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Note from Ilona

I am excited to engage with and contribute to the campus community at Soka. As a John D. Montgomery Postdoctoral Fellow at the Pacific Basic Research Center I will engage with students and the larger campus community in multiple capacities: through the courses I teach, by sharing my ongoing research on food security and agricultural policy in development, and by organizing events featuring innovative and relevant research on the region for the campus community. I look forward to engaging with students, faculty, and staff in each of these capacities.

Fall Course: Introduction to the Pacific Basin 100

In this course we will focus on learning how to think about the Pacific as a region. We will engage with the following questions: What is a “region?” In what ways can the countries and peoples that share the Pacific Ocean be considered a region? What commonalities and interconnections do they have, and how have these connections evolved over time? How does this region appear from various vantage points? Why have nations and regions within the Pacific Basin had such different development trajectories over the last century? How is their development tied to larger global processes as well as their relations with other places? To examine these questions and intertwined histories we will read historical, scholarly, and popular media texts and use documentary films to understand the economic, political, and cultural processes playing out.  We will consider theories of the state, development, social change, and economic models that have been enacted or used to explain growth, and lack of thereof, in nations across Asia, Oceania, and North and South America.
In 2012, U.S. President Obama announced a redirection of US foreign policy: a pivot to the Asia-Pacific Region. This pivot is commonly explained as a means to counter the expanding reach of China in the region. But, as any student of the Asia-Pacific region is aware, a focus on its strategic importance is not new. In fact, it is nearly impossible to understand the contemporary political and economic geography of the region without taking into account the long historical interconnections within and beyond this region. In this course, we will trace these relations, considering how they have evolved over time and how they continue to shape the realities we encounter today. We will examine the intertwined present and possible futures, as well as the historical, political, economic and cultural connections and interactions among peoples and nations of the Pacific. In this exploration, students will gain an understanding of—and garner effective tools for writing and speaking about—the Pacific Basin region, contemporary processes of “globalization,” and their historical lineages.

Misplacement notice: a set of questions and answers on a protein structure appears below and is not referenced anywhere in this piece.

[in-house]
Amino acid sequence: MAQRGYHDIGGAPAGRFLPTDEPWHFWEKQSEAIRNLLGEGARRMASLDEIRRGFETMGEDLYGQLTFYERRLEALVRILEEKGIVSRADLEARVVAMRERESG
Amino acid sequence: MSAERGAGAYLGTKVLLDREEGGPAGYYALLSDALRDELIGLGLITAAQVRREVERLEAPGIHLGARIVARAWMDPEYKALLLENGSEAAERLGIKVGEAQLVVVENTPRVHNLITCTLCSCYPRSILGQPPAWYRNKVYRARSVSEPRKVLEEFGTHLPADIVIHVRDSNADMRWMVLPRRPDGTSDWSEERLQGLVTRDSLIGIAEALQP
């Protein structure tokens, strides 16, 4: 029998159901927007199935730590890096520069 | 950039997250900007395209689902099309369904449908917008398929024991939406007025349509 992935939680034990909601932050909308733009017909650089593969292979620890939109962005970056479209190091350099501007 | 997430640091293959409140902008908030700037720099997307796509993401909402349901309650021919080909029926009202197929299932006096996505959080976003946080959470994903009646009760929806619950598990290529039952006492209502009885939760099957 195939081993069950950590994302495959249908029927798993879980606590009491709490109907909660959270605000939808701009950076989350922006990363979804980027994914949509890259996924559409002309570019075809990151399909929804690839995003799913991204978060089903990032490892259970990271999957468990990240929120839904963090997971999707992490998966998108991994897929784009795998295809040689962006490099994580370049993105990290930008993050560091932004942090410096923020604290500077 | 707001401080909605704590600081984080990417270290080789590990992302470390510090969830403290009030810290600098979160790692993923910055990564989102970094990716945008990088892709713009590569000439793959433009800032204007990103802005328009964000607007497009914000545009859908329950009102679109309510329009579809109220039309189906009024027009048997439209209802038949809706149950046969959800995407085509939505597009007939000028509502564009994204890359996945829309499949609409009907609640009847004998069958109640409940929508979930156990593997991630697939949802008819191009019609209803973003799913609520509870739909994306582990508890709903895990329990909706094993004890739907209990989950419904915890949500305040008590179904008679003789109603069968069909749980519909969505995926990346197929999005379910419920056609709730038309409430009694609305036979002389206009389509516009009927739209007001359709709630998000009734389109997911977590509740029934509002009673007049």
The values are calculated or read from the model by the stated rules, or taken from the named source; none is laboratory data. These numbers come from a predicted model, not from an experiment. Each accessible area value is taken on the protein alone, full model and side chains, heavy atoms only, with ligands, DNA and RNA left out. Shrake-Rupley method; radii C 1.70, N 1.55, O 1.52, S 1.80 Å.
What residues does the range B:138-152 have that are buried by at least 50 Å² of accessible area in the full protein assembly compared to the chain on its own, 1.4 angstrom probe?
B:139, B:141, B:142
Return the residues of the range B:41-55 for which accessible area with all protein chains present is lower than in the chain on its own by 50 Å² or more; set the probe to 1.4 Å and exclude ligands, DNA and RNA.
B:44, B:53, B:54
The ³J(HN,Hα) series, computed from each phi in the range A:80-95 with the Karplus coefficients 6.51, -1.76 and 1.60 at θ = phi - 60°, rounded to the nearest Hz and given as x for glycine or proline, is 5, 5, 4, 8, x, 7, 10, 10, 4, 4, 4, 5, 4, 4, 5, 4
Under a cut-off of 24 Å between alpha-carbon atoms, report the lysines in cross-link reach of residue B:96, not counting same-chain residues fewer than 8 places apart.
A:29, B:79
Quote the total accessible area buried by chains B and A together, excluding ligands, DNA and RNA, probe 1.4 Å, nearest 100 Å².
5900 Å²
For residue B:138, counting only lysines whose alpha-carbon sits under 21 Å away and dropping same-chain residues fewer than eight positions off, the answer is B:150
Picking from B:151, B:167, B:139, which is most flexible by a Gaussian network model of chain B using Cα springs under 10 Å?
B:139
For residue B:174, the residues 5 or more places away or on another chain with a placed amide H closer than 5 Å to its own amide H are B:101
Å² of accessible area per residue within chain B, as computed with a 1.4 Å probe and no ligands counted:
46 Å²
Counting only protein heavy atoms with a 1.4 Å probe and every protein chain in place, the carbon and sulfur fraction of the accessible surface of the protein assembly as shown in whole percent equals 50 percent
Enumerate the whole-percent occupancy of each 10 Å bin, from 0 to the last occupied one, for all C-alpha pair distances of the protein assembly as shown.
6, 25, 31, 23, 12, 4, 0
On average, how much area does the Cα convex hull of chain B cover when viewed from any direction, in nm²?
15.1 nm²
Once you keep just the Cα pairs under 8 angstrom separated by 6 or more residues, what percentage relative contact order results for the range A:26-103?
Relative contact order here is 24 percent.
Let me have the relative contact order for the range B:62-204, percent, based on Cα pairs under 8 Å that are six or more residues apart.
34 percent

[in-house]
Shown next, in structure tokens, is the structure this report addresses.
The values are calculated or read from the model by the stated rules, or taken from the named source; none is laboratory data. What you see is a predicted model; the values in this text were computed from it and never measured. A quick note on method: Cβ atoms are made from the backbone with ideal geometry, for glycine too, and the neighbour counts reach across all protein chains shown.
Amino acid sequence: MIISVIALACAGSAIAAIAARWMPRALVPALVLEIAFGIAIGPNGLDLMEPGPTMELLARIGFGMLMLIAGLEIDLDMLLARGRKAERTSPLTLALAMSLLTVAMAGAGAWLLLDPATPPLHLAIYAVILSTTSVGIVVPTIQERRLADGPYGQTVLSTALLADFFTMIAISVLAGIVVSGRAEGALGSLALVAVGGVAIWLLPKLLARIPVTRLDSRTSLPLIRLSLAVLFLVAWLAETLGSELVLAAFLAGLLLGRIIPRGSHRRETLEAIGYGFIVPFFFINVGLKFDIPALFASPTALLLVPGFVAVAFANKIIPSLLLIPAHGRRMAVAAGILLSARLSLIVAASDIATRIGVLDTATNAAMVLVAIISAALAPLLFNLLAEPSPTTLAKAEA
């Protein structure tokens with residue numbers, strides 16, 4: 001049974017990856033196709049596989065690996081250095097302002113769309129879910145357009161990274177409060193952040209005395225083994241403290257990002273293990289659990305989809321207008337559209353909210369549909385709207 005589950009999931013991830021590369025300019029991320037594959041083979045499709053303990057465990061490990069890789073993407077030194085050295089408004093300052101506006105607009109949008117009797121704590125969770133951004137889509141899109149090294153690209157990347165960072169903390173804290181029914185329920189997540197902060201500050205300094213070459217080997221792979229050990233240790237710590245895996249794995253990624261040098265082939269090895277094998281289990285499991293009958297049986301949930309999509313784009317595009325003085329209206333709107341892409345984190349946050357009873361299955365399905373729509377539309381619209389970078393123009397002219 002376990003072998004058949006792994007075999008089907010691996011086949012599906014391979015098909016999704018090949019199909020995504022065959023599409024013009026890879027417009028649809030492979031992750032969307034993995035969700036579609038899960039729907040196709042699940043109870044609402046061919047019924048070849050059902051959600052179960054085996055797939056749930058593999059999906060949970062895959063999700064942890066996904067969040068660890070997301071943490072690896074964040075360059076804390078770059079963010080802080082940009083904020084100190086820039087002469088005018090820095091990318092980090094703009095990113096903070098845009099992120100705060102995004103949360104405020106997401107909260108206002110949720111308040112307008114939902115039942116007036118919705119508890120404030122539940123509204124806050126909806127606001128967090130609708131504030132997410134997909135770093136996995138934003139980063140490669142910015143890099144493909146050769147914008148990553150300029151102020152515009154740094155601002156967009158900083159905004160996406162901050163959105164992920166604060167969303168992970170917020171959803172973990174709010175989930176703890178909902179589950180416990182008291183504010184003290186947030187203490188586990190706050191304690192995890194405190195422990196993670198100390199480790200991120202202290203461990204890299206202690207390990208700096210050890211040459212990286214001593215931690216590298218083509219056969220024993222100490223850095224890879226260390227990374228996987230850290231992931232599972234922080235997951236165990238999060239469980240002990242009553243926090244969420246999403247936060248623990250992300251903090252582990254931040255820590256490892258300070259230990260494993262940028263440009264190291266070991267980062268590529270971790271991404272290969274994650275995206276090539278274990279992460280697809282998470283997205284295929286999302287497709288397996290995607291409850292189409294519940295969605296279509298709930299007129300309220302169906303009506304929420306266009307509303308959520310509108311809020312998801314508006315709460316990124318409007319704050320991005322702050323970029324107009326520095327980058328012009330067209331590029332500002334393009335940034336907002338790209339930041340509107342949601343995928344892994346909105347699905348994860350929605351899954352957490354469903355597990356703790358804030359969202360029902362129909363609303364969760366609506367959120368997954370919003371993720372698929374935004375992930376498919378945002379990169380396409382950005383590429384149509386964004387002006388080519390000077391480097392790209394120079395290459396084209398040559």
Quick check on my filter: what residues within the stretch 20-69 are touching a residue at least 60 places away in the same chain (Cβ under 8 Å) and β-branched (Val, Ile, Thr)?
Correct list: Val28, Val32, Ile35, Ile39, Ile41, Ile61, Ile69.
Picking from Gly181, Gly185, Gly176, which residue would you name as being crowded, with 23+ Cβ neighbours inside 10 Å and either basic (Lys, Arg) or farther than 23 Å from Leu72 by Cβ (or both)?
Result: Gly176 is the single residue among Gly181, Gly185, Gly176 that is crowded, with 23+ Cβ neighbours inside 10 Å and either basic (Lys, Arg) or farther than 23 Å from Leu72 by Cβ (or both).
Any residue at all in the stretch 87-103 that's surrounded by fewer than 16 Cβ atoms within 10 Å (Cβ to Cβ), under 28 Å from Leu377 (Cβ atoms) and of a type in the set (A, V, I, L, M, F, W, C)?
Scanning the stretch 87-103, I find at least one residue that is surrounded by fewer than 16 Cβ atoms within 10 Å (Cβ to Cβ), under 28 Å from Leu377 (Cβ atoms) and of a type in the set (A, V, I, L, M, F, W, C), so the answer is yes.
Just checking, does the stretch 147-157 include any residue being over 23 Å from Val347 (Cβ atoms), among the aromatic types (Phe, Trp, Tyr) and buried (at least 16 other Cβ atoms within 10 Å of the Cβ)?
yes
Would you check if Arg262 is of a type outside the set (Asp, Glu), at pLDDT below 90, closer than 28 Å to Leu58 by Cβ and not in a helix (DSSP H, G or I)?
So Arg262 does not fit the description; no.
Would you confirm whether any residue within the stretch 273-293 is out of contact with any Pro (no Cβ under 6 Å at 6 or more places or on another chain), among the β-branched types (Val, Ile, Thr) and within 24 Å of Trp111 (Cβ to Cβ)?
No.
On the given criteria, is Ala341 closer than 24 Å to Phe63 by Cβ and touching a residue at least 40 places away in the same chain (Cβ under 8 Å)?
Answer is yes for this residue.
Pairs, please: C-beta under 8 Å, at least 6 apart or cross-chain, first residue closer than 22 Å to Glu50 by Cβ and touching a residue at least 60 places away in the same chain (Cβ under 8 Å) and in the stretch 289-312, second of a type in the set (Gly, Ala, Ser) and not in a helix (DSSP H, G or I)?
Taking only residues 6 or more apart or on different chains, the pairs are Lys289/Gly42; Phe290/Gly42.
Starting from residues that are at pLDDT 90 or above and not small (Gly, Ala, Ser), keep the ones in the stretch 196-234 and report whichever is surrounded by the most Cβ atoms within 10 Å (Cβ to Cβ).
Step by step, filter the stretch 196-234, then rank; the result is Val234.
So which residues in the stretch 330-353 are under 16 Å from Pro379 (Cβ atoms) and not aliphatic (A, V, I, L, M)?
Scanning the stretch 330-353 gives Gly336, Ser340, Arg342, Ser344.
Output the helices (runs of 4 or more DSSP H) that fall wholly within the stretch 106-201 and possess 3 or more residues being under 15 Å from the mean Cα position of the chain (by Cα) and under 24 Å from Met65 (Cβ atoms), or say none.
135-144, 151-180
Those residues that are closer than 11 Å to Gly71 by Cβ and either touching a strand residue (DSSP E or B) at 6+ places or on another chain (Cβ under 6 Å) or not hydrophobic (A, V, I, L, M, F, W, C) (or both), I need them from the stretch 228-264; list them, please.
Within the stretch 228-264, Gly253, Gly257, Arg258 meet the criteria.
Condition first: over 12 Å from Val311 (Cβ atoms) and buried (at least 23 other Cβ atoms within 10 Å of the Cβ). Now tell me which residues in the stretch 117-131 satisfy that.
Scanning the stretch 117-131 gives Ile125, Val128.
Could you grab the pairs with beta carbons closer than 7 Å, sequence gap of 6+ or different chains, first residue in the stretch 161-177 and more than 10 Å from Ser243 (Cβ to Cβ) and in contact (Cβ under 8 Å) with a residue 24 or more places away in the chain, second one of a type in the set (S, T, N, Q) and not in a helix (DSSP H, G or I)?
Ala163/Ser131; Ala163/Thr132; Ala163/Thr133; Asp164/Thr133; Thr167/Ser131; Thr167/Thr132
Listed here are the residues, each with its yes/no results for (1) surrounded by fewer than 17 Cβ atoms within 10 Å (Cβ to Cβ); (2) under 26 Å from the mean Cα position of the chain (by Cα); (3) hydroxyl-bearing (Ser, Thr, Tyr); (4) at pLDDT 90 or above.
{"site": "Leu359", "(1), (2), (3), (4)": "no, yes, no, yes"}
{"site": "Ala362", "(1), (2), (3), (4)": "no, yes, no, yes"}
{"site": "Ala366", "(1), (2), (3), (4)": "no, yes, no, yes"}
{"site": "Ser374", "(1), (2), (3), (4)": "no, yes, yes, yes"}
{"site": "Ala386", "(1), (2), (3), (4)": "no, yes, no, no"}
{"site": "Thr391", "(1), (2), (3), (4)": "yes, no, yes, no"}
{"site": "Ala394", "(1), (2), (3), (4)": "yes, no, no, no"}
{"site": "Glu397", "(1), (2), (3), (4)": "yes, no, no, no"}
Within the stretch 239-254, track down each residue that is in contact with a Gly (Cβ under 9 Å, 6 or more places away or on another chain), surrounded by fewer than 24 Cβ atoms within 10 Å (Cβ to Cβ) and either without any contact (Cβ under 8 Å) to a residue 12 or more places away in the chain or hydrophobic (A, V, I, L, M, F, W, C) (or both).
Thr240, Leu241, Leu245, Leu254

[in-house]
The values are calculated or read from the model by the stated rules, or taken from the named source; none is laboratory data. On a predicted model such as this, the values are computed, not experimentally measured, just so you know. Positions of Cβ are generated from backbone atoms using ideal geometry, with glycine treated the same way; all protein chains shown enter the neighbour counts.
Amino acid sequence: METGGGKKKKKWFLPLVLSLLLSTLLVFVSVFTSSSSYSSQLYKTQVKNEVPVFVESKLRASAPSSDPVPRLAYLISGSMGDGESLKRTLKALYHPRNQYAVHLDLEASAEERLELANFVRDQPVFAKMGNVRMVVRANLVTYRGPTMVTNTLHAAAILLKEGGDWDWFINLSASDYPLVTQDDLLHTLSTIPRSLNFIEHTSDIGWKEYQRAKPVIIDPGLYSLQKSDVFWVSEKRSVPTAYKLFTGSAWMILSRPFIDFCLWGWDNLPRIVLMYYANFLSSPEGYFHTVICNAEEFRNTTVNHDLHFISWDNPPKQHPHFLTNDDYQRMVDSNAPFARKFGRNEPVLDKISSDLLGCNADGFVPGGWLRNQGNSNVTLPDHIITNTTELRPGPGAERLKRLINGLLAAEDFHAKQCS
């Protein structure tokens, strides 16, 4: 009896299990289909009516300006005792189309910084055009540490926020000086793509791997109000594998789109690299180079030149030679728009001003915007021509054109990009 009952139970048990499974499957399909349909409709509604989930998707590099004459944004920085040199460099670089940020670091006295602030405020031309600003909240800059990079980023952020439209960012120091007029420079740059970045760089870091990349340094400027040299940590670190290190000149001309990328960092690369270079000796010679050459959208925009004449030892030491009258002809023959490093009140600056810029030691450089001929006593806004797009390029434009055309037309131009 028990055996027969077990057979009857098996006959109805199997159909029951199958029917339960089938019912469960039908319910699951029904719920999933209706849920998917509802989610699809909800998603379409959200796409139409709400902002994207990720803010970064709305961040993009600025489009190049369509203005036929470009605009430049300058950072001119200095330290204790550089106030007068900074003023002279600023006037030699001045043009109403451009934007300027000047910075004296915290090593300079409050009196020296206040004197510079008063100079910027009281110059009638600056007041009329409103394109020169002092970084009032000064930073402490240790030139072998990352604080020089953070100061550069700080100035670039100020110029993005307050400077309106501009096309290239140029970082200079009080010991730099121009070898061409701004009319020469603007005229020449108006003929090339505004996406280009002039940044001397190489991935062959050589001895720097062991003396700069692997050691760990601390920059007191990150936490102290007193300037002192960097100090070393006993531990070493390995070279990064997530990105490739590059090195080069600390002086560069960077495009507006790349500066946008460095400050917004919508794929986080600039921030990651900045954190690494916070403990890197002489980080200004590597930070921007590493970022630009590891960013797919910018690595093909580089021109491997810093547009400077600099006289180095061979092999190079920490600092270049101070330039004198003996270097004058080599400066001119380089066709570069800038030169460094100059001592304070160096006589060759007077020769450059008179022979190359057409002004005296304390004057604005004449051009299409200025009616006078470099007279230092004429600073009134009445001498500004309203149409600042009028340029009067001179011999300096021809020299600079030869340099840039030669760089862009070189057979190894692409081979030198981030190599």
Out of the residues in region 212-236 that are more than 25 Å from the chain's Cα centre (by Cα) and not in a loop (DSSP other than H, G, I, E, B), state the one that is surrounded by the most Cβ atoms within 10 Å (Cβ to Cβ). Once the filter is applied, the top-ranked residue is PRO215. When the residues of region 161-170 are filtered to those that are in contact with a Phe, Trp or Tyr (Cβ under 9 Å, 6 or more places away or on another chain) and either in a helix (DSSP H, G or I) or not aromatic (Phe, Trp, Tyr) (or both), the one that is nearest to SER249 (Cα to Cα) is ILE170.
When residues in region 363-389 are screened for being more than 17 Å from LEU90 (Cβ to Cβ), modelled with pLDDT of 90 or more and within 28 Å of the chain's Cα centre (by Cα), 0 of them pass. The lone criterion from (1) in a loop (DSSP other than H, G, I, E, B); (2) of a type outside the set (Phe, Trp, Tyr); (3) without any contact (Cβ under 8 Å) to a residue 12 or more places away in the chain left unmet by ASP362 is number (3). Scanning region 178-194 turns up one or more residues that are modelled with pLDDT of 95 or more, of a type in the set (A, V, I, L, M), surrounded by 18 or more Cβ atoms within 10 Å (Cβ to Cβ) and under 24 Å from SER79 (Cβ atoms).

Spring course

In the spring course, “Entitlements and Exclusions: Approaching Human Development in South Asia,” students will interrogate what development is, the nature of citizenship, and the logic of exclusion—all examined through specific empirical questions and the everyday struggles of average people in the region of South Asia. Our exploration of development—its captivating promise, its roots, the lineages of policies, and potential solutions to problems of poverty—will be illustrated through topical themes including: urbanization, sanitation, waste and recycling, the garment industry, climate change, the commons, and organization and responses to development projects.

The idea of development and its promise of improved living standards and increased opportunity has a powerful draw. Too often, however, the ideals and promise of development have been left by the wayside, replaced by the urgency of commandments for economic growth—with the assumption that human development will necessarily follow from economic growth. Far too often this has not been the case. Instead, this approach has often produced widening inequities. Adopting a “human development” framework was meant to remedy these shortcomings. It attends to the human effects of development and uses indicators in the lives of people (mean education and life span)—rather than indicators of a nation’s economic state such as GDP (gross domestic product)—as the measure of development; but as with any metric, these measures each can only tell us so much.

In this course we consider several frameworks for understanding development. Starting with Amartya Sen, one of the most famous theorists of human development, we focus on one of South Asia’s most urgent problems—hunger and access to food—to utilize Sen’s “entitlement approach” to understanding development and the provisioning of basic needs. We then move on to the complexities introduced by invoking the idea of “rights.” While human rights and civil rights offer potentially powerful tools for demanding development and access to basic entitlements,  they also introduce  assumptions—for example, even if the Constitution and the Courts decree that there is a “right to food,” there must be an entity (i.e. the state) willing and able to fulfill this right for all its citizens. This leads us to consider essential questions about the nature and logics of exclusion— and ask why after sixty years of countless development projects, hundreds of millions of people in South Asia live without even the most basic of life’s necessities: food, housing, toilets, clean water. In the second section of the course we explore questions of human development in more depth, attending to their visceral biological and political realities. We examine a range of development projects, responses, and possible solutions. We ground these studies in the theoretical frameworks we covered in Section One to make sense of these cases and deepen our understanding. 

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